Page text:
Pre Money Valuation
The valuation of your startup is key as it determines
how much of the company you retain and the percentage
ownership by the investor. At the outset it is important
to remember that it will be much better to own a smaller
percentage of a large success than a large percent of
a startup that doesn't get off the ground.
This article addresses a few methods of early stage company
valuations, but before proceeding further, here are the
definitions of a few key terms:
Valuation - a general term describing how much your business
is worth to an investor.
Pre-money valuation - the valuation of your startup prior
to the VC actually investing capital in the business.
This amount is negotiated between the VC and startup (usually
with the assistance of counsel) and may be based on several
Post-money valuation - this is the total amount of the
pre-money valuation plus the actual investment made in
the startup by the VC.
VC ownership percentage (or "cost of capital")
- this percentage is the amount of the actual investment
divided by the post-money valuation. The startup retains
the balance. Over subsequent rounds of funding, which
also include new valuation assessments, the startup's
percentages are likely to "dilute".
Cap table (short for "capitalization table")
- a summary spreadsheet reflecting the ownership by the
various parties in this negotiation. Cap tables typically
reflect pre- and post-money ownership for initial financing
and forecasted subsequent rounds anticipated to achieve
"Hair on the deal" - VC lingo describing undesirable
factors surrounding early stage investors in the startup,
typically by friends, family or angels. Often pre first-round
"angel" or "family and friends" funding
will attach a valuation on the startup that makes subsequent
fundings undesirable to a VC. An alternative to avoid
this problem is to seek "bridge" funding that
takes the form of debt convertible to the first round,
or "Series A" valuation terms, and may also
include additional "warrants" in consideration
for this early stage funding.
Term sheet - this is the document issued by the VC firm
for startups they wish to fund. The term sheet includes
much information, including proposed valuation and actual
funding amounts. The help of experienced counsel will
be good for understanding and negotiating the terms of
the offer from the VC.
Variations in Value
Determining and discussing valuation is a delicate matter.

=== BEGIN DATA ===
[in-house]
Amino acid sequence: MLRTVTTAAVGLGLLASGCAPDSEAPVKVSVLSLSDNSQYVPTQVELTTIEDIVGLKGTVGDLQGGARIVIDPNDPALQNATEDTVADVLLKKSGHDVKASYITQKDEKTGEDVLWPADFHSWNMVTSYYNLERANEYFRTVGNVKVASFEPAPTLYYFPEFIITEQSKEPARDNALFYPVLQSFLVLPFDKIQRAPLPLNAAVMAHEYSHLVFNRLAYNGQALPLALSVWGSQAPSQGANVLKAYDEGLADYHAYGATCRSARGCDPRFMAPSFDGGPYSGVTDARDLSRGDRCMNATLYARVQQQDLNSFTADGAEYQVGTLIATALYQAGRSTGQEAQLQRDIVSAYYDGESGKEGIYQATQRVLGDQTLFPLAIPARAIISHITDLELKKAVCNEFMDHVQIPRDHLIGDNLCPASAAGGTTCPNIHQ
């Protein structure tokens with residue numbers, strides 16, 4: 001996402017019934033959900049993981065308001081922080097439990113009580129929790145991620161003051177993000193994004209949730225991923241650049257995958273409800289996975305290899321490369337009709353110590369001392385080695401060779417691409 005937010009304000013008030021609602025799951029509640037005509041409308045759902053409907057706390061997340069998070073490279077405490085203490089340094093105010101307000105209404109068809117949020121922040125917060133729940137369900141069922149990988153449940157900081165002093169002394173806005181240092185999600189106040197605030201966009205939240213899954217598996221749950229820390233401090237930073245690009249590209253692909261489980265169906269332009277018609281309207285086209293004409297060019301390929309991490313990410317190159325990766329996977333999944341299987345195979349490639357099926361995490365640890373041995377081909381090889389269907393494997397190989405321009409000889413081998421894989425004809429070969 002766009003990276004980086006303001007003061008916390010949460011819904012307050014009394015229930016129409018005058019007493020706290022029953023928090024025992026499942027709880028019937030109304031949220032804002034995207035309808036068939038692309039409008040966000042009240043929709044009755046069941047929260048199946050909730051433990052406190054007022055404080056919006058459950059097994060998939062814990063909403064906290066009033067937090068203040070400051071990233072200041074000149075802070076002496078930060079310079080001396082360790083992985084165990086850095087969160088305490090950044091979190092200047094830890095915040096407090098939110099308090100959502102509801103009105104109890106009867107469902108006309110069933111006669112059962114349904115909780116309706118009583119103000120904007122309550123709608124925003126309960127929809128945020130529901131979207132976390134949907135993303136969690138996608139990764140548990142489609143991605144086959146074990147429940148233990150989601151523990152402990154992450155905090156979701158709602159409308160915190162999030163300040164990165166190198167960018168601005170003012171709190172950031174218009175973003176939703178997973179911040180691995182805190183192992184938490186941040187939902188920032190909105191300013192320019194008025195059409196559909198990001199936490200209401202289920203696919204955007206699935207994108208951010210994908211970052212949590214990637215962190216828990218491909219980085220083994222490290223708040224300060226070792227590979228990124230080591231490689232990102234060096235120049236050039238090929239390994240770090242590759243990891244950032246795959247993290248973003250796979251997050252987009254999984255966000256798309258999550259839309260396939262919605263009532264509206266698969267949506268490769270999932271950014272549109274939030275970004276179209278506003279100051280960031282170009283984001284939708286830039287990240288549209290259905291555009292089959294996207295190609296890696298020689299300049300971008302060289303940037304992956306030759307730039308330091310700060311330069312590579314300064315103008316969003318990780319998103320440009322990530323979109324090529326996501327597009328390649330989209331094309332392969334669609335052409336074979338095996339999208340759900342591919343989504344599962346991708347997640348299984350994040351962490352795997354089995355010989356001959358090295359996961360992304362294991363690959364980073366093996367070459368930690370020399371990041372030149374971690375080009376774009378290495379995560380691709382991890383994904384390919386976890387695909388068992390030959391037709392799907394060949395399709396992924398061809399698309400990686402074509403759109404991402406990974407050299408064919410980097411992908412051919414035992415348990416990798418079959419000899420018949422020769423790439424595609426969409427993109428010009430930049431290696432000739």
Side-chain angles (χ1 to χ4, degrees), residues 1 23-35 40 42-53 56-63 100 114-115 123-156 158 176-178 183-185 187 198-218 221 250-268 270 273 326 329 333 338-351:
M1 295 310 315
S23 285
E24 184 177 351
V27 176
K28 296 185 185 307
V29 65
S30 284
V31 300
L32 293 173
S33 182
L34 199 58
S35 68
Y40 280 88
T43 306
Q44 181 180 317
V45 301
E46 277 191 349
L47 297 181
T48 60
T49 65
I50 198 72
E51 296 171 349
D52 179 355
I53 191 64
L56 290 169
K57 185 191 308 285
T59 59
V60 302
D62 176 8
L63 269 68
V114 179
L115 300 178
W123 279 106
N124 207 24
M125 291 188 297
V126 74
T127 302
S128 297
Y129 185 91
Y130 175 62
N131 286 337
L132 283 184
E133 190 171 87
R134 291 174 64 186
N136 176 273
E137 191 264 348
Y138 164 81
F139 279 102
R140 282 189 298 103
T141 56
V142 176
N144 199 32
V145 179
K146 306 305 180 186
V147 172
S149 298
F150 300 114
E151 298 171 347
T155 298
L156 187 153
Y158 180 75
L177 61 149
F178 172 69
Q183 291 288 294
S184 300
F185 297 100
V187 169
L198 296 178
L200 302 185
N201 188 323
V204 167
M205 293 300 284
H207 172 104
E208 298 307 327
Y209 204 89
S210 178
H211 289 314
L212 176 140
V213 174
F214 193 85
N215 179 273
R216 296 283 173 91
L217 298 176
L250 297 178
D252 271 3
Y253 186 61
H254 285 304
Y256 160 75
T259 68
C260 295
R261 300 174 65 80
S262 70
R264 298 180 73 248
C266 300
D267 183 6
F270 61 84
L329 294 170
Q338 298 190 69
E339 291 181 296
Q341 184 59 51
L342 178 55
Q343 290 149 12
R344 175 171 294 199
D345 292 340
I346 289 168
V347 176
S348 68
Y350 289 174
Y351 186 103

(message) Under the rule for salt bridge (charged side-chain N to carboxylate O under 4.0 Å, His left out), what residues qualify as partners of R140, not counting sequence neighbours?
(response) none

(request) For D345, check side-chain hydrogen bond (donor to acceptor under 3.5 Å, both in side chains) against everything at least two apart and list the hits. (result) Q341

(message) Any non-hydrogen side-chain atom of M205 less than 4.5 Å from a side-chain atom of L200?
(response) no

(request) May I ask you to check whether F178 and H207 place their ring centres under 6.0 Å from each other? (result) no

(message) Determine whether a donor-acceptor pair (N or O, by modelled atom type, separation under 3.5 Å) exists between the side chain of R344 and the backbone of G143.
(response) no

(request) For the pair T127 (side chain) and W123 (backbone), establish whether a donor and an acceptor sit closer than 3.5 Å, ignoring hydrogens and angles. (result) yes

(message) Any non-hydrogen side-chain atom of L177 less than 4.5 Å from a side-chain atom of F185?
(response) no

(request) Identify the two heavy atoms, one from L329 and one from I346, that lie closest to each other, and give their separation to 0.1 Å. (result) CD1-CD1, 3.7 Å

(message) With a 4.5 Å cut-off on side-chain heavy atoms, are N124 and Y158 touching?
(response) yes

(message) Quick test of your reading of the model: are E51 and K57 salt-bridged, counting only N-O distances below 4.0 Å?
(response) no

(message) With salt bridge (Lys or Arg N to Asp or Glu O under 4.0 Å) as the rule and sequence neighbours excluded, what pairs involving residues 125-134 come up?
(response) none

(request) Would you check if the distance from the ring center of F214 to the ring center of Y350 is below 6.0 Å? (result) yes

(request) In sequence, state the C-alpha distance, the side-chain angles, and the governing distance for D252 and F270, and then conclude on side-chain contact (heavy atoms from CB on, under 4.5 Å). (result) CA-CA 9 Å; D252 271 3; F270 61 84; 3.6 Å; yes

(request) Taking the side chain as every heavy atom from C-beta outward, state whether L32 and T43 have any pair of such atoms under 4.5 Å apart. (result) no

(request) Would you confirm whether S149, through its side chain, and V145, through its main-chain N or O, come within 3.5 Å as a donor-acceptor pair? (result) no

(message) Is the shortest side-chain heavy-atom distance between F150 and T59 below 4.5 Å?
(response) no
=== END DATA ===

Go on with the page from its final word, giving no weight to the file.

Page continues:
Should your initial meeting with a VC go well, they may
ask you this question toward the close of your meeting
time. If a VC inquires about your "valuation,"
they are seeking to know if you are an informed entrepreneur
about the relative value of your startup.
The term relative is key. Think of early stage startup
valuations as similar to the relative "comps"
on real estate. VC's are interested in determining a valuation
that is comparable to other company fundings in your marketplace.
Their underlying goal is to negotiate the most favorable
ownership percentage for the investment capital they intend
to place in the venture. Try not to be coy, but avoid
answering with a specific number if possible. The VC is
most likely interested in your thought process used to
arrive at a valuation over a specific number. In many
cases you might suggest a range, for instance, a $6-7m
pre-money valuation on a $3m investment for a post-money
of $9-10m. In any case, flexibility is the key message
you want to convey -- along with the fact that your primary
interest is launching the startup about which you are
passionate, and while changing the world through this
startup you also intend to make a great deal of money
for yourself and for the investor. The ideal scenario
is that both parties exit the negotiation believing that
the deal is fair, although they would have both liked
to have received more value on their side of the deal.
How to Determine Your Startup's Valuation
There are several ways to determine valuation for your
startup. Know that with most of these methods may be difficult
to base on objective facts. At the end of the day you
may need to rely on the fairness of your investor to propose
a valuation that is consistent with other known "comps"
and also consistent with other relative valuations in
his/her existing portfolio.
A no-cost method to research and potentially establish
valuation is by searching for similar companies that have
recently received funding via online information sites.
While the amount of funding may be readily available,
the pre-money valuation may not be. Another method is
to use a professional valuation firm.
Another, possibly more justifiable method is to use a
professional valuation firm like Venture One. This firm
offers a "Comparable Valuations Report" for
a fee of $1,295.00 that specifically addresses your company's
market space and locates comparable business fundings
and valuations that you may use in your negotiations with
a VC firm. Having said that, it is not advisable to enter
a term sheet negotiation by waving a Venture One report
in front of a VC and stating that this is the valuation
you expect. Rather you should use this tool as backup
to substantiate your position as the negotiations unfold.
On a final note, traditional methods of deriving a startup
company's valuation through discounted cash flow (DCF)
models, or assigning value to individual key contributors
or forecasted sales and multiplying by a factor are not
highly weighted, or may even be dismissed by the VC. However,
check with your legal counsel about the value of assessing
the impact on valuation for the intellectual property
owned and developed by the startup.
Technology Toolbox, Inc.